SINGAPORE/JAKARTA/PARIS, Jan 31 (Reuters) - The captain of the AirAsia jet that crashed into the sea in December was out of his seat conducting an unorthodox procedure when his co-pilot apparently lost control, and by the time he returned it was too late to save the plane, two people familiar with the investigation said.
Details emerging of the final moments of Flight QZ8501 are likely to focus attention partly on maintenance, procedures and training, though Indonesian officials have stressed publicly that it is too early to draw any firm conclusions.
The Airbus A320 jet plunged into the Java Sea while en route from Surabaya, Indonesia, to Singapore on Dec. 28, killing all 162 people on board.
It had been suffering maintenance faults with a key flight control computer for over a week, and one person familiar with the matter said the captain had flown on the same plane with the intermittently faulty device just days before the crash.
AirAsia said it would not comment while the matter was under investigation by the National Transportation Safety Committee (NTSC) of Indonesia.
Reuters reported this week that maintenance problems on the Flight Augmentation Computer (FAC), and the way the pilots reacted to them, were at the heart of the investigation.
After trying to reset this device, pilots pulled a circuit-breaker to cut its power, Bloomberg News reported on Friday.
People familiar with the matter told Reuters it was the Indonesian captain Iriyanto who took this step, rather than his less experienced French co-pilot Remy Plesel, who was flying the plane.
The outage would not directly upset the aircraft but would remove flight envelope protection, which prevents a pilot from taking a plane beyond its safety limits, leaving the junior pilot to fly the jet manually in delicate high altitude conditions.
The decision to cut off the FAC has surprised people following the investigation because the usual procedure for resetting it is to press a button on the overhead panel.
“You can reset the FAC, but to cut all power to it is very unusual,” said one A320 pilot, who declined to be identified. “You don’t pull the circuit breaker unless it was an absolute emergency. I don’t know if there was one in this case, but it is very unusual.”
It is also significant because to pull the circuit breaker the captain had to rise from his seat.
The circuit breakers are on a wall panel immediately behind the co-pilot and hard or impossible to reach from the seated position on the left side, where the captain sits, according to two experienced pilots and published diagrams of the cockpit.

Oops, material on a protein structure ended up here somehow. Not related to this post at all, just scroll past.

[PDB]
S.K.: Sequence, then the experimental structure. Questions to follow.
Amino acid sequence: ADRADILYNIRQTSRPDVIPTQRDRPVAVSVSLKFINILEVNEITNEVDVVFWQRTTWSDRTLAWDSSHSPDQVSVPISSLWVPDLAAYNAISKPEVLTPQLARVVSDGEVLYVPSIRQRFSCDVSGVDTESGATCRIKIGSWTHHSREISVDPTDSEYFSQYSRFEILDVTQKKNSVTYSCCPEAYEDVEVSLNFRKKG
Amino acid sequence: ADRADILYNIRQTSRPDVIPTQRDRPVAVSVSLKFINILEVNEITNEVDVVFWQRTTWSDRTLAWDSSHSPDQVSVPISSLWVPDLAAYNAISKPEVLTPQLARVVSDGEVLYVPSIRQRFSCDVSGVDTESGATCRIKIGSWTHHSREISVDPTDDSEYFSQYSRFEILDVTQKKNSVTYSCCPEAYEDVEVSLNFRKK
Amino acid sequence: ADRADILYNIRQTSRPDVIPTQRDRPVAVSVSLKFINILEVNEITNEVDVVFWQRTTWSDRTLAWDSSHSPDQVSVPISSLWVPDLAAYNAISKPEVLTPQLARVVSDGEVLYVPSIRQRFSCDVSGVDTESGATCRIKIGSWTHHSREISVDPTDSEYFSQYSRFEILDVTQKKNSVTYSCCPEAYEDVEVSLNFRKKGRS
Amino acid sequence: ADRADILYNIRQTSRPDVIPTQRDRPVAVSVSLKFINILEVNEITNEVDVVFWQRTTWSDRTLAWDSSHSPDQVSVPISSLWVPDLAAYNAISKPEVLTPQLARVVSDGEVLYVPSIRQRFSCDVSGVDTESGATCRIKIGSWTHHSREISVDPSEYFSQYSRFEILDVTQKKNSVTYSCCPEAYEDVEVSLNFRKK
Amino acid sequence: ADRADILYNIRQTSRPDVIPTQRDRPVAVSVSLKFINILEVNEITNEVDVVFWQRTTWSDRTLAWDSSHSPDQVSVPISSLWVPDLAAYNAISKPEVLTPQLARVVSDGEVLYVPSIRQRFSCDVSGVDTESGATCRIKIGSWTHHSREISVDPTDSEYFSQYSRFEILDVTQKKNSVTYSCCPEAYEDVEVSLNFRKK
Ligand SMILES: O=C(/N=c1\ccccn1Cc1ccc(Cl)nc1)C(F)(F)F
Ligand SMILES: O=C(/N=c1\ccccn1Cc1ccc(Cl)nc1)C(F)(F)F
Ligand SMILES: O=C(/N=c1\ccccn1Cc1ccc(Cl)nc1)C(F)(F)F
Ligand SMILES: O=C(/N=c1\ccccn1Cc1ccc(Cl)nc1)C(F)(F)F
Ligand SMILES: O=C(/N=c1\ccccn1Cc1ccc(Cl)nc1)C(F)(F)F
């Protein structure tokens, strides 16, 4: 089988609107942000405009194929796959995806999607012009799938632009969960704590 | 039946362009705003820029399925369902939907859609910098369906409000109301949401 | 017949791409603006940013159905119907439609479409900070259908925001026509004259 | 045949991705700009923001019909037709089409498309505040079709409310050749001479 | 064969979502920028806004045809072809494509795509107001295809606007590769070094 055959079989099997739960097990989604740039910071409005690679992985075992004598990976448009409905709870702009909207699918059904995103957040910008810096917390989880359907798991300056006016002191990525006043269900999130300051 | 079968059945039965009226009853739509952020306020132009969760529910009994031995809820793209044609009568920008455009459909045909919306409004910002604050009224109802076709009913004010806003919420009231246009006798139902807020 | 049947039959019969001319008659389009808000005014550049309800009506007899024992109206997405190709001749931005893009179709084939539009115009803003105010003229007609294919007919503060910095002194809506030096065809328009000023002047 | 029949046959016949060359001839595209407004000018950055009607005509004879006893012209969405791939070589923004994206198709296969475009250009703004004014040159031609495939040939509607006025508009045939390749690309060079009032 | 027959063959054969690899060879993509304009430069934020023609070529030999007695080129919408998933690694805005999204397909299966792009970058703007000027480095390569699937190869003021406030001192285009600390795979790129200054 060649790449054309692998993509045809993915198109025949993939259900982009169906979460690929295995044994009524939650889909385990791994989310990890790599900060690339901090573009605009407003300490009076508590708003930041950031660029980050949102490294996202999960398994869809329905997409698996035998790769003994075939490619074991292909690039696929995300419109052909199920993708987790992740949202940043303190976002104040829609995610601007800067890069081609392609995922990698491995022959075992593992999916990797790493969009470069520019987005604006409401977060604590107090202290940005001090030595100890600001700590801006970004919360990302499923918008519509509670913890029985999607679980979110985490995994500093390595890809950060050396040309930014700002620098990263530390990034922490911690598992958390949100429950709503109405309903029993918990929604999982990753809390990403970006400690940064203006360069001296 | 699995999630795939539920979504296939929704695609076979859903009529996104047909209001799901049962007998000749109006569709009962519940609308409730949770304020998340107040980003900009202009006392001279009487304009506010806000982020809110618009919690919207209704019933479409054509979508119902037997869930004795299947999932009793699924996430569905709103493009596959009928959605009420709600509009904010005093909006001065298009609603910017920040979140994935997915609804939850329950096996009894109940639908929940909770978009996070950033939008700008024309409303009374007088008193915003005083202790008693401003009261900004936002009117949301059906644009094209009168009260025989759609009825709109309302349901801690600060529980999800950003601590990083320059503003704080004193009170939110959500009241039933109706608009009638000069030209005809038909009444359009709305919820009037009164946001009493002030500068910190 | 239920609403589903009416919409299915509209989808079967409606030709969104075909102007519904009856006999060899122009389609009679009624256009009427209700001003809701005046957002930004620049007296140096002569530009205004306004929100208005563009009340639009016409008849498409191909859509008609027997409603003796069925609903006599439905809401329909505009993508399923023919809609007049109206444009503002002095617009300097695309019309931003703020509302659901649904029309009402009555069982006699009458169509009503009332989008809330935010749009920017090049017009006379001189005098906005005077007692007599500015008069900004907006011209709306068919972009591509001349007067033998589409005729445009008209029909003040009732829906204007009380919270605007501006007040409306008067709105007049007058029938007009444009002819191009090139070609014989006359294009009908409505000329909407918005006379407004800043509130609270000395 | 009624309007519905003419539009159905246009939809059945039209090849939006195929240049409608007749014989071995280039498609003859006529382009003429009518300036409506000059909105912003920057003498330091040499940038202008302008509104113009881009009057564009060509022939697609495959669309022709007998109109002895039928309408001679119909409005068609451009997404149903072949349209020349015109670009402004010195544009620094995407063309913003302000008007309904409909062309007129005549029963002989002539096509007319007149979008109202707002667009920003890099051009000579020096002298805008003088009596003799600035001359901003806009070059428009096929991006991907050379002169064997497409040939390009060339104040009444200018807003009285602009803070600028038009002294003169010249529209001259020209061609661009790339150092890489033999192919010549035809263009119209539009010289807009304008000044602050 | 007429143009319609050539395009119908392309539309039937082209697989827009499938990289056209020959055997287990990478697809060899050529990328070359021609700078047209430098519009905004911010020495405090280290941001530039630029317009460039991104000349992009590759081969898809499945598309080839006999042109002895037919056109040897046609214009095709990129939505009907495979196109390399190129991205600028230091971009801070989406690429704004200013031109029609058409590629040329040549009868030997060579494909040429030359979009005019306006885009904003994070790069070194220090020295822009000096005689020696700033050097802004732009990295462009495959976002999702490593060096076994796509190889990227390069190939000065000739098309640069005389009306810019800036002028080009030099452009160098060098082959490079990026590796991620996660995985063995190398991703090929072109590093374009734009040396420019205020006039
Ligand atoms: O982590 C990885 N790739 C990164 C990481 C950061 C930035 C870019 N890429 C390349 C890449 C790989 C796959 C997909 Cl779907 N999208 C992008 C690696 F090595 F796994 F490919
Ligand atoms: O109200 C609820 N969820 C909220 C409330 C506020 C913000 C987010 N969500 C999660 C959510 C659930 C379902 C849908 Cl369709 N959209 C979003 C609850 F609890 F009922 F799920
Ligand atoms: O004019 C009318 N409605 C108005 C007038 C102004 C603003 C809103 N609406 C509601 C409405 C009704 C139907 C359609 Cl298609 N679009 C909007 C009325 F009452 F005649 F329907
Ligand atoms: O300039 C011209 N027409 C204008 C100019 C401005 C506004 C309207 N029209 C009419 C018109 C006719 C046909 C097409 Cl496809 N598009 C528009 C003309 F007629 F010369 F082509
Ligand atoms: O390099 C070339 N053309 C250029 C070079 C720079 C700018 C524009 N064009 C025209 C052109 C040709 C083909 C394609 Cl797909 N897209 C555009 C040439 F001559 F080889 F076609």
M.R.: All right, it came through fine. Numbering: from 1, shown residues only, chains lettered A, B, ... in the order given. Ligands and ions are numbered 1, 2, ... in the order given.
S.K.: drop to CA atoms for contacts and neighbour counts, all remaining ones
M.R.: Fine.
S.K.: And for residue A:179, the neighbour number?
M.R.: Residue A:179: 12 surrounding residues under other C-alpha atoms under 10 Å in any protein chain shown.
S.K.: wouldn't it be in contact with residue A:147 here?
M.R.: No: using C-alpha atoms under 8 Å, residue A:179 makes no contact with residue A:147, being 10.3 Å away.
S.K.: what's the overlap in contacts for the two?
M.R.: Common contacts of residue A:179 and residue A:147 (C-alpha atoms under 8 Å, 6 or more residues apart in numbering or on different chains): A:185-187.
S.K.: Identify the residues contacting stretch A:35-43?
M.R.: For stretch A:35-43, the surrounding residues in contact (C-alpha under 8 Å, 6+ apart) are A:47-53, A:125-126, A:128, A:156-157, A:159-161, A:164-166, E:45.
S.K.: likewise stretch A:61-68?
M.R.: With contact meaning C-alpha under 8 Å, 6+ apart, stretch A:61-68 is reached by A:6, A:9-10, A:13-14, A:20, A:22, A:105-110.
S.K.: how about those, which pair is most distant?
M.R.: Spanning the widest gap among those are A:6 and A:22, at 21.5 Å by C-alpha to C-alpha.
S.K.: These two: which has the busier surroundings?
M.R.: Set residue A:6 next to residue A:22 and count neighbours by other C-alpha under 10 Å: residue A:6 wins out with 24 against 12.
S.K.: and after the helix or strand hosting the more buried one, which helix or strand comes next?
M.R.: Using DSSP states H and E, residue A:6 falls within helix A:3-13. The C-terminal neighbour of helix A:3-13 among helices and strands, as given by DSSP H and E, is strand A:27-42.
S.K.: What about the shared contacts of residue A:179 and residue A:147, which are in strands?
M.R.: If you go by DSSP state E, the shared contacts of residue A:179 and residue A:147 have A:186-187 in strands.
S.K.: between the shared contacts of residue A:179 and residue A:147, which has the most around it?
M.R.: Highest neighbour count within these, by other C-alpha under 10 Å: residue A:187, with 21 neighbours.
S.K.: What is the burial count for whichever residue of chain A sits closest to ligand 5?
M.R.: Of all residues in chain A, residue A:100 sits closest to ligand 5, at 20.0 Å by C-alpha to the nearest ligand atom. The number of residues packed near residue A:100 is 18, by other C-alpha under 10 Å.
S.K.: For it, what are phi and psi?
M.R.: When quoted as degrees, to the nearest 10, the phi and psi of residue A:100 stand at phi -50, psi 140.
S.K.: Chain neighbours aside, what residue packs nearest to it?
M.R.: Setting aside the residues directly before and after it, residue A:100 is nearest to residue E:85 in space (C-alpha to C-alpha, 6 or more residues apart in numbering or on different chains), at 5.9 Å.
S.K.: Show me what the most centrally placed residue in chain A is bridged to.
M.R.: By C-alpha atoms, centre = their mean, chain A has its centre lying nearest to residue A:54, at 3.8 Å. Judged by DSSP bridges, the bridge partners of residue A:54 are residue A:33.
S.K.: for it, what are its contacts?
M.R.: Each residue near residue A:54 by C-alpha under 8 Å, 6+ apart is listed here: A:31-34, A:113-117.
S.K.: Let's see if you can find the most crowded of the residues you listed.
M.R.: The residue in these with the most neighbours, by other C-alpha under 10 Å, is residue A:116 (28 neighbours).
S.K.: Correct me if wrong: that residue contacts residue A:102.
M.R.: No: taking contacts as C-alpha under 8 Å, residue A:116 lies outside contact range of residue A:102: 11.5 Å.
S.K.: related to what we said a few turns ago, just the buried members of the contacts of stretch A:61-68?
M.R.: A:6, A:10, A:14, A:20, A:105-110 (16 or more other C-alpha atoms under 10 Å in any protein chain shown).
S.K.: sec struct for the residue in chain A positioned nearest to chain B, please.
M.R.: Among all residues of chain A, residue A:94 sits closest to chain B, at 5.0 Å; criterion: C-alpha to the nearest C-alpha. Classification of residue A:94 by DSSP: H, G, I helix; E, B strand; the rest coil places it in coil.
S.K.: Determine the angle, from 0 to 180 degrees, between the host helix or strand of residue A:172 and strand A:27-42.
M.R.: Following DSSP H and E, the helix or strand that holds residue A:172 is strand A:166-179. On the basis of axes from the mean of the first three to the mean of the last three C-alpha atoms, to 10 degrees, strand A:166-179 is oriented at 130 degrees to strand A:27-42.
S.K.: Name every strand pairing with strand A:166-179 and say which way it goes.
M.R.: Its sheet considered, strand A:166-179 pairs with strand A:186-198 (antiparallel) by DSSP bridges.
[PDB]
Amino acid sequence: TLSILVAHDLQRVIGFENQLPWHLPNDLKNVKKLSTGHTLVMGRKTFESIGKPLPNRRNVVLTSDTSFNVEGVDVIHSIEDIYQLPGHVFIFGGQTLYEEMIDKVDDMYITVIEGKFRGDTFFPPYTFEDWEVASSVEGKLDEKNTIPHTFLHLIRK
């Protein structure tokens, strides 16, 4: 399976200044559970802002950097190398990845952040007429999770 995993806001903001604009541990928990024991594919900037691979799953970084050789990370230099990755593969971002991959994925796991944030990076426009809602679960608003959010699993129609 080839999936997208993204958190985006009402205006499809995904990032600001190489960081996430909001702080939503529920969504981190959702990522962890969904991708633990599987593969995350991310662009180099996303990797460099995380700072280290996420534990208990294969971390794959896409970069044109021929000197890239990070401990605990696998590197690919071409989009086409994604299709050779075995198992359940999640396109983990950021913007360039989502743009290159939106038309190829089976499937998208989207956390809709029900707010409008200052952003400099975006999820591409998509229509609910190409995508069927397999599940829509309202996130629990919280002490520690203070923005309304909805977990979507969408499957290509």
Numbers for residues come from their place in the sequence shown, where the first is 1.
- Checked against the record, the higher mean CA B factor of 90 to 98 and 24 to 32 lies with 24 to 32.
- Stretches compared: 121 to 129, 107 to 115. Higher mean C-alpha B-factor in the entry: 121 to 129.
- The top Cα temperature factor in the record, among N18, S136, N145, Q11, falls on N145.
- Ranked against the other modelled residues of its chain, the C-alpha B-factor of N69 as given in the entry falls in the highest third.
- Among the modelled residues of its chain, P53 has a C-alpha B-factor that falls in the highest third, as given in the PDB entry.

Shortly afterwards the junior pilot pulled the plane into a sharp climb from which investigators have said it stalled or lost lift.
“It appears he was surprised or startled by this,” said a person familiar with the investigation, referring to the decision to cut power to the affected computer.
The captain eventually resumed control, but a person familiar with the matter said he was not in a position to intervene immediately to recover the aircraft from its upset.
Data already published on the plane’s trajectory suggest it may have been difficult for someone to move around the cockpit in an upward-tilting and by then possibly unstable aircraft, but there is so far no confirmation of the cockpit movements.
“The co-pilot pulled the plane up, and by the time the captain regained the controls it was too late,” one of the people familiar with the investigation said.
Tatang Kurniadi, chief of Indonesia’s NTSC, told Reuters there had been no delay in the captain resuming control but declined further comment.
Airbus declined to comment.
Lawyers for the family of the French co-pilot say they have filed a lawsuit against AirAsia in Paris for “endangering the lives of others” by flying the route without official authorisation on that day. Investigators have said the accident was not related to the permit issue.
AirAsia did not immediately respond to requests for comment on the lawsuit.
Although more is becoming known about the chain of events, people familiar with the investigation warned against making assumptions on the accident’s cause, which needed more analysis.
Safety experts say air crashes are most often caused by a chain of events, each of which is necessary but not sufficient to explain the underlying causes of the accident. (Editing by Will Waterman)